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Apparel Drags Retail Sales Down in May

Although retail sales growth in April wasn’t anything to get excited about, it certainly beat May’s sluggish showing, according to data released this morning by the U.S. Department of Commerce. Total retail sales rose by a seasonally adjusted 4.3% in May, below April’s 4.4% increase. Once again, automobile dealers reaped most of the benefit, since after excluding cars from the mix, retail sales increased by a tepid 1.9%. Building supply and garden stores also got a nice spike in seasonal demand.

Total retail inventory rose by 4 percent in April, the most recent month for which inventory data are available, and its smallest monthly increase in a year.


The department, chain and discount store sector, which includes Macy’s, Sears, J.C. Penney, Walmart and many others, suffered its twenty-sixth straight decline, with sales down by 2.9%, compared with flat sales in April. Big store inventory dropped by 5.6%, causing the inventory-to-sales ratio in the channel to decline slightly.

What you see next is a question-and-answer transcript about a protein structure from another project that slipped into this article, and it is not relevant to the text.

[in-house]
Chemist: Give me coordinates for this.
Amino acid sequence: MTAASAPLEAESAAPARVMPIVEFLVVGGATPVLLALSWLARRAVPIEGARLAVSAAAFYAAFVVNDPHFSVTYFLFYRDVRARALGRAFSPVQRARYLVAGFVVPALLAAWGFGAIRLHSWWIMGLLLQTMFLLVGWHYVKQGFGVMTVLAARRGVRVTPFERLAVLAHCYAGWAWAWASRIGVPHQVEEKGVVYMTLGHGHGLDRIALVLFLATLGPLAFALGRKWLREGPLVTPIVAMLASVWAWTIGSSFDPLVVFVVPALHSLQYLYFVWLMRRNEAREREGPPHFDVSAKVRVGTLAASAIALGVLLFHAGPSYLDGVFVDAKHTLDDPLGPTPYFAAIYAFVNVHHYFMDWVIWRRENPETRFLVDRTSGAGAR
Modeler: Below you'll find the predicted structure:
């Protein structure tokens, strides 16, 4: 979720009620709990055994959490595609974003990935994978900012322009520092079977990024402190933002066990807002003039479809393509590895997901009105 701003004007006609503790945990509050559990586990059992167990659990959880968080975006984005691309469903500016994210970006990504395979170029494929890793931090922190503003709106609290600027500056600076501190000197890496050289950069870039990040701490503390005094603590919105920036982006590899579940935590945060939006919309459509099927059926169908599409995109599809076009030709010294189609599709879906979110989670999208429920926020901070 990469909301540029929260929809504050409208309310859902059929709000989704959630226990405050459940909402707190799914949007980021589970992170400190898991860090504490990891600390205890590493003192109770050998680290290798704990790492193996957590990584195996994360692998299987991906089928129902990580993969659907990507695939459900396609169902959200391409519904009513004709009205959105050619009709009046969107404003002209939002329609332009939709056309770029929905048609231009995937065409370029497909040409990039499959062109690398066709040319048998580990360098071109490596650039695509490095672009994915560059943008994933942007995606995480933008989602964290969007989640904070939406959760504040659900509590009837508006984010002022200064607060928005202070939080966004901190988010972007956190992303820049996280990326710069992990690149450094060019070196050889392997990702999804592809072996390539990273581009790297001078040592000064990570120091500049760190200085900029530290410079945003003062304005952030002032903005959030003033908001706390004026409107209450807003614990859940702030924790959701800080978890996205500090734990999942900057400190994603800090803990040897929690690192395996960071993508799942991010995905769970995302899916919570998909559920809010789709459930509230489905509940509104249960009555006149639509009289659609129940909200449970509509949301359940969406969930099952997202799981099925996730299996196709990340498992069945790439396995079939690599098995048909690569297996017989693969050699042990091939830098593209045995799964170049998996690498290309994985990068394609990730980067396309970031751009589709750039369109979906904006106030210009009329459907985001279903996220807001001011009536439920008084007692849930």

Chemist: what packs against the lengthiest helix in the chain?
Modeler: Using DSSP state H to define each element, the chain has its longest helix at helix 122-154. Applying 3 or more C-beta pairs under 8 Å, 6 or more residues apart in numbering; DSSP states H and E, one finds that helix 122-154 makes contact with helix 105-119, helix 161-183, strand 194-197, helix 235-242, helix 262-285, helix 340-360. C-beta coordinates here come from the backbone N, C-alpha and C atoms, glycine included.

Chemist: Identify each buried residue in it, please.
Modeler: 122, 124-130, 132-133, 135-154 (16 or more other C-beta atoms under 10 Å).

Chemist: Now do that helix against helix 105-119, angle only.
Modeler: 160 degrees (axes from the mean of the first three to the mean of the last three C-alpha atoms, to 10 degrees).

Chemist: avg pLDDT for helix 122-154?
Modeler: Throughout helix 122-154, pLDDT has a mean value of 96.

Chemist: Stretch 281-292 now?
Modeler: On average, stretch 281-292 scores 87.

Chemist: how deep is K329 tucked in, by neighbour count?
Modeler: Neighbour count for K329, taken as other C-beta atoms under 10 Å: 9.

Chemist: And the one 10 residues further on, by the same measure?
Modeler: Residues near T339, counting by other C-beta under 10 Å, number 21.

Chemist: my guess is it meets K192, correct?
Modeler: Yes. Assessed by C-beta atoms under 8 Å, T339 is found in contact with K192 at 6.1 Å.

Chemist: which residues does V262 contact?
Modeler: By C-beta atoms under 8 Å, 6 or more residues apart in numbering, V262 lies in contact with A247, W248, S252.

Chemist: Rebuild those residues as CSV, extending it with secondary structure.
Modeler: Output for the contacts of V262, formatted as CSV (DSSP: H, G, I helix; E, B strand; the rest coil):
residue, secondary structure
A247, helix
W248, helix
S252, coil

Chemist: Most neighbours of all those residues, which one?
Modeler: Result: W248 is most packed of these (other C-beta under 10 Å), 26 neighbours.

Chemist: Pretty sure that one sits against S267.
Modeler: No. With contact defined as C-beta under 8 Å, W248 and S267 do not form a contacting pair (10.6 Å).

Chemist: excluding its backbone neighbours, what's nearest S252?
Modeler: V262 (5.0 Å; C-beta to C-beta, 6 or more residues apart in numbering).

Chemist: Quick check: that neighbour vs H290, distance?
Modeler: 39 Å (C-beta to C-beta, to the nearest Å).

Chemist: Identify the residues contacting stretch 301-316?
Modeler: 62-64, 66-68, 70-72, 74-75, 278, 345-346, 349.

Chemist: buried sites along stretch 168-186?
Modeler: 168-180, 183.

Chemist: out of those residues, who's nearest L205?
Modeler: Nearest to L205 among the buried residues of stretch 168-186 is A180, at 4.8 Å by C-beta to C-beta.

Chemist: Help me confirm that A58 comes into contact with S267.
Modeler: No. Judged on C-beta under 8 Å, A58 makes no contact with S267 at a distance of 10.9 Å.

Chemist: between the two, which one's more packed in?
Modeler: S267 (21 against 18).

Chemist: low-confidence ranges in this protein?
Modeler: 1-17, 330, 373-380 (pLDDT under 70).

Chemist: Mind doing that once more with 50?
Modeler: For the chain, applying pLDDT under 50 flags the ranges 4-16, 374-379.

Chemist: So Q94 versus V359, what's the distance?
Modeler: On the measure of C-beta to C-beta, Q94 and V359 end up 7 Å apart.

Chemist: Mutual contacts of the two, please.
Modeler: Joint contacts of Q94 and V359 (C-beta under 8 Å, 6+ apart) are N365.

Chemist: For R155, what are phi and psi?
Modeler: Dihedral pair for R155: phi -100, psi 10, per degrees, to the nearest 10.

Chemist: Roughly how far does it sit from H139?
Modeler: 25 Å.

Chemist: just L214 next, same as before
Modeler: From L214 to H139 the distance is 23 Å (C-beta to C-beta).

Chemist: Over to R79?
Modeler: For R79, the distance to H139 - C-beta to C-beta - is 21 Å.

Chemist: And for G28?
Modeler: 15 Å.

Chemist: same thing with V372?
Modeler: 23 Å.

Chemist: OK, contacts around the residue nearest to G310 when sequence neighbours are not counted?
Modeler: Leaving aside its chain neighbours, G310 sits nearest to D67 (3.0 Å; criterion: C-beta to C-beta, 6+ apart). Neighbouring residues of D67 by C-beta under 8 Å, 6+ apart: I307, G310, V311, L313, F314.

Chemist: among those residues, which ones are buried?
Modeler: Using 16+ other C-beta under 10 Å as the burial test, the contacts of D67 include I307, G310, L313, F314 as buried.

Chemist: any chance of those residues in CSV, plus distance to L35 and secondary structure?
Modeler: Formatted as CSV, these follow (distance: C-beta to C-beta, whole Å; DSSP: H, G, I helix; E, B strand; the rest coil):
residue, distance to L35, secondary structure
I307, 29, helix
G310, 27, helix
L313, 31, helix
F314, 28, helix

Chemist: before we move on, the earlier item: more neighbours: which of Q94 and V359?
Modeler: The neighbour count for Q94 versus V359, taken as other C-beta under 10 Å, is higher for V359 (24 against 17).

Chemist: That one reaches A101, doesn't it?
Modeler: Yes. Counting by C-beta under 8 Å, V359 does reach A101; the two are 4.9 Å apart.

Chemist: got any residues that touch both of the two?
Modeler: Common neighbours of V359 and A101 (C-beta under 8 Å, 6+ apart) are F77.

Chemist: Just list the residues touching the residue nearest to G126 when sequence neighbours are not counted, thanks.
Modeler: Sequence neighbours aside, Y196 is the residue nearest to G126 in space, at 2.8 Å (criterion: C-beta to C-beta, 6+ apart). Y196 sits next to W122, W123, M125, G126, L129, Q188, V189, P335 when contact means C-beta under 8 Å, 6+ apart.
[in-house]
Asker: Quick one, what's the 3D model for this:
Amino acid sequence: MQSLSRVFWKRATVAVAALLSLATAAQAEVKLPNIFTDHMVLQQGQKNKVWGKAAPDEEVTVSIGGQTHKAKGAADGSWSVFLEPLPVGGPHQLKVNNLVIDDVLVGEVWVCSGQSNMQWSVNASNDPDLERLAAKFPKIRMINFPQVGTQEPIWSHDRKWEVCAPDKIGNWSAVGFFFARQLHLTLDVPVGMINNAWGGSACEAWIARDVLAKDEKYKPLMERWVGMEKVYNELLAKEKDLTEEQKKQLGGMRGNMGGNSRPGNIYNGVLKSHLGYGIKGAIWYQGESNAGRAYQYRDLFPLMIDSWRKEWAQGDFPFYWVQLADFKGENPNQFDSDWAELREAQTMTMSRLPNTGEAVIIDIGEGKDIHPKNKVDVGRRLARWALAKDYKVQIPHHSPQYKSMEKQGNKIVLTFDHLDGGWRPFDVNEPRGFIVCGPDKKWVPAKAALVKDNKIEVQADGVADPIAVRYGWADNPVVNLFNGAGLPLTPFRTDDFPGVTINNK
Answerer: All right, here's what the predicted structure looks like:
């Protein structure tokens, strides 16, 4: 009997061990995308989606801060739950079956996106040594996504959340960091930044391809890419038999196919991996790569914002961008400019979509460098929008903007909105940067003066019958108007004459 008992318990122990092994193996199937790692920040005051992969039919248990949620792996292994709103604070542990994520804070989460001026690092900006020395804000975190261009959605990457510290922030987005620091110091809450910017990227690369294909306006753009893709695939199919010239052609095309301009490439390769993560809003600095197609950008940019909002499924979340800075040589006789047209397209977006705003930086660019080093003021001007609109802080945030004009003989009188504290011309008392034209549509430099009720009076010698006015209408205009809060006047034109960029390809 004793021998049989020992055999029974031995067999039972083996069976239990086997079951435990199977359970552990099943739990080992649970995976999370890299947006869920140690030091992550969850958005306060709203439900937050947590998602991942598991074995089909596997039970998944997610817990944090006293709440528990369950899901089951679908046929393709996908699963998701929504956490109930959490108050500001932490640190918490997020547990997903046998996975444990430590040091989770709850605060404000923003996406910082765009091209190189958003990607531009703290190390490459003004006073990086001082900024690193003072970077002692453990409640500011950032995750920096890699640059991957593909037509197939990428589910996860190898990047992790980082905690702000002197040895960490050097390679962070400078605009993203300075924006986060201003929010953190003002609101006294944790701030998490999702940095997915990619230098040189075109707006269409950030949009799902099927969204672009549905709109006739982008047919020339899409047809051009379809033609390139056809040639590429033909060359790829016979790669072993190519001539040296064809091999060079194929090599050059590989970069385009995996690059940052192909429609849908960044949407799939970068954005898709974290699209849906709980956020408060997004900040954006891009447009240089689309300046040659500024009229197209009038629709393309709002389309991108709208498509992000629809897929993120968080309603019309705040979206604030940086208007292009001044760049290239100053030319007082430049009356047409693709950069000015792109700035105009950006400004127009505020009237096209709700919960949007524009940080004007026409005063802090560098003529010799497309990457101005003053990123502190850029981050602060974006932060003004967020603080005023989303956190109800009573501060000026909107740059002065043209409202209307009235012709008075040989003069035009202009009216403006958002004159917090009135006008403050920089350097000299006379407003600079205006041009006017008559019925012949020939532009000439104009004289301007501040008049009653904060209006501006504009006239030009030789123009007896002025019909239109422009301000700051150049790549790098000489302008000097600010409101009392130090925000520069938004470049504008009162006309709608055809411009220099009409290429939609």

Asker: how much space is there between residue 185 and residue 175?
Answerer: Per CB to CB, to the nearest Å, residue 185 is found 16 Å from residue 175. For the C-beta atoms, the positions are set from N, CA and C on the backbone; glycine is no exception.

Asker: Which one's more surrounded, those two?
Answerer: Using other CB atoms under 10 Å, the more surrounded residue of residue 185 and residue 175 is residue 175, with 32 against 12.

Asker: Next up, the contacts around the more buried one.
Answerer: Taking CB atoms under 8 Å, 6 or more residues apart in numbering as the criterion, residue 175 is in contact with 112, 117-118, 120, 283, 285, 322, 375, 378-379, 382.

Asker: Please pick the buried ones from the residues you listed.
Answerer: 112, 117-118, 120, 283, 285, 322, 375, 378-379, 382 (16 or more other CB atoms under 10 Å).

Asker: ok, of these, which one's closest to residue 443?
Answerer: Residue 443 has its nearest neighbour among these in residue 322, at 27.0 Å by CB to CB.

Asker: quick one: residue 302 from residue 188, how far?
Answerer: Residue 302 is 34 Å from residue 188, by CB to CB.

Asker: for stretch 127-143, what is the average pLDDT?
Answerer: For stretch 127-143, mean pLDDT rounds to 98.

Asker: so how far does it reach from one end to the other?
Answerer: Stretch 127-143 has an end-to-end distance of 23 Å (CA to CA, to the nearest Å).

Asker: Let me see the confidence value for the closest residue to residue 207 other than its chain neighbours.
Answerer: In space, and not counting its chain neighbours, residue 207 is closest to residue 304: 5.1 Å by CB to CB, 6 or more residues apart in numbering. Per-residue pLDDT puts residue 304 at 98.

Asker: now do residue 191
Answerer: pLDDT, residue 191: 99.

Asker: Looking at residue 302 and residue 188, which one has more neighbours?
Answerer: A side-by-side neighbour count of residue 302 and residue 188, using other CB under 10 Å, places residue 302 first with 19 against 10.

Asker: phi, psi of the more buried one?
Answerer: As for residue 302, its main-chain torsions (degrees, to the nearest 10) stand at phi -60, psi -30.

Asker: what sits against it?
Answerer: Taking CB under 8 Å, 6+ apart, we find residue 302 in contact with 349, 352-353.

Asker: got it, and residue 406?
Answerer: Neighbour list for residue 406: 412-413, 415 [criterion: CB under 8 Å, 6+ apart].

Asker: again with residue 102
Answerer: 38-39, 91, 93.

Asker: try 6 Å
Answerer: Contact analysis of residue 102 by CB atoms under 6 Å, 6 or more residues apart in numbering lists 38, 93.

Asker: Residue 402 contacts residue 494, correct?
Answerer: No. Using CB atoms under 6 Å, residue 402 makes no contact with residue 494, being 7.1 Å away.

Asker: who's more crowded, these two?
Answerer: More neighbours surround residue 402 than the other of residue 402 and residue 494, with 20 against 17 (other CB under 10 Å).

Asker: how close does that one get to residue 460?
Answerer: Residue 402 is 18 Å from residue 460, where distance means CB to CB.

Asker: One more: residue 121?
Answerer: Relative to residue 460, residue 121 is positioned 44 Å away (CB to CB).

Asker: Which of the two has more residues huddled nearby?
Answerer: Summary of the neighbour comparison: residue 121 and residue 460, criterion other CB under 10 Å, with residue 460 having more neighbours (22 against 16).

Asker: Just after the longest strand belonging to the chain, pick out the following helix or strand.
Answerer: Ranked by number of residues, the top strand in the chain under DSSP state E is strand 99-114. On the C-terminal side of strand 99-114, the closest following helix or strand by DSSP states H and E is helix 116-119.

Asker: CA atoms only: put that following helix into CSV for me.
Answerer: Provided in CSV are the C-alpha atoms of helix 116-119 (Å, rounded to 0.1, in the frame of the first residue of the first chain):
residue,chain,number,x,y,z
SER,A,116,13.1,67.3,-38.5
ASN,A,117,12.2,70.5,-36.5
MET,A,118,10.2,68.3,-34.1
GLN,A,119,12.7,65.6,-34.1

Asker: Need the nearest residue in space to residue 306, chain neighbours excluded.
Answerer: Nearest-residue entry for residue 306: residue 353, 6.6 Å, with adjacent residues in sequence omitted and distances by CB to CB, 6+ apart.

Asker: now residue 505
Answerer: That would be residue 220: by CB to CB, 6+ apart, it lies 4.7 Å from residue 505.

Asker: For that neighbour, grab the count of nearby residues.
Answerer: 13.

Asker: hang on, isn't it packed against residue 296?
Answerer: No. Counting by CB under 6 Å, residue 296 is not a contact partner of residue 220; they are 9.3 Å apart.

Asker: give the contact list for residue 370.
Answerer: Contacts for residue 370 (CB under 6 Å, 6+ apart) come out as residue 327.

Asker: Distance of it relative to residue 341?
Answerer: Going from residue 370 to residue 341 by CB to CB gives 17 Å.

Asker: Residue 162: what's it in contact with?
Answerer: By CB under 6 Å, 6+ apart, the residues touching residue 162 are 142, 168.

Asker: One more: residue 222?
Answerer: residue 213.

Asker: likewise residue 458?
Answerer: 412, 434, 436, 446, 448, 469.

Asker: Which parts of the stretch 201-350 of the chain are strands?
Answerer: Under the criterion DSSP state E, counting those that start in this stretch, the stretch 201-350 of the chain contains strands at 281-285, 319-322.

Apparel specialty store sales growth edged into positive territory with a 0.5% increase. This sector, which includes brands like Gap, J.Crew, and Ann Taylor, continued to fare better than department and discount stores, a trend that is expected to continue through this year as consumers gravitate toward their easy-to-navigate stores and e-commerce sites. Specialty store inventories dipped by 3 percent in April, and the sales to inventory ratio edged down slightly as well.


Sales at the combined department, chain, discount and apparel specialty retail sectors, a traditionally reliable barometer of total apparel sales, fell by almost 1 percent in May on a 12-month smoothed basis. March inventories for the combined sectors fell by 4 percent, more than March’s 3 percent drop.


April sales got a boost from the late Easter and long-awaited arrival of Spring weather, which drove consumers into stores looking to refresh their wardrobes. However, it seems as if May caused them to revert to their “new normal” behavior, of treating apparel like a commodity and only buying when absolutely necessary (and when it’s on sale).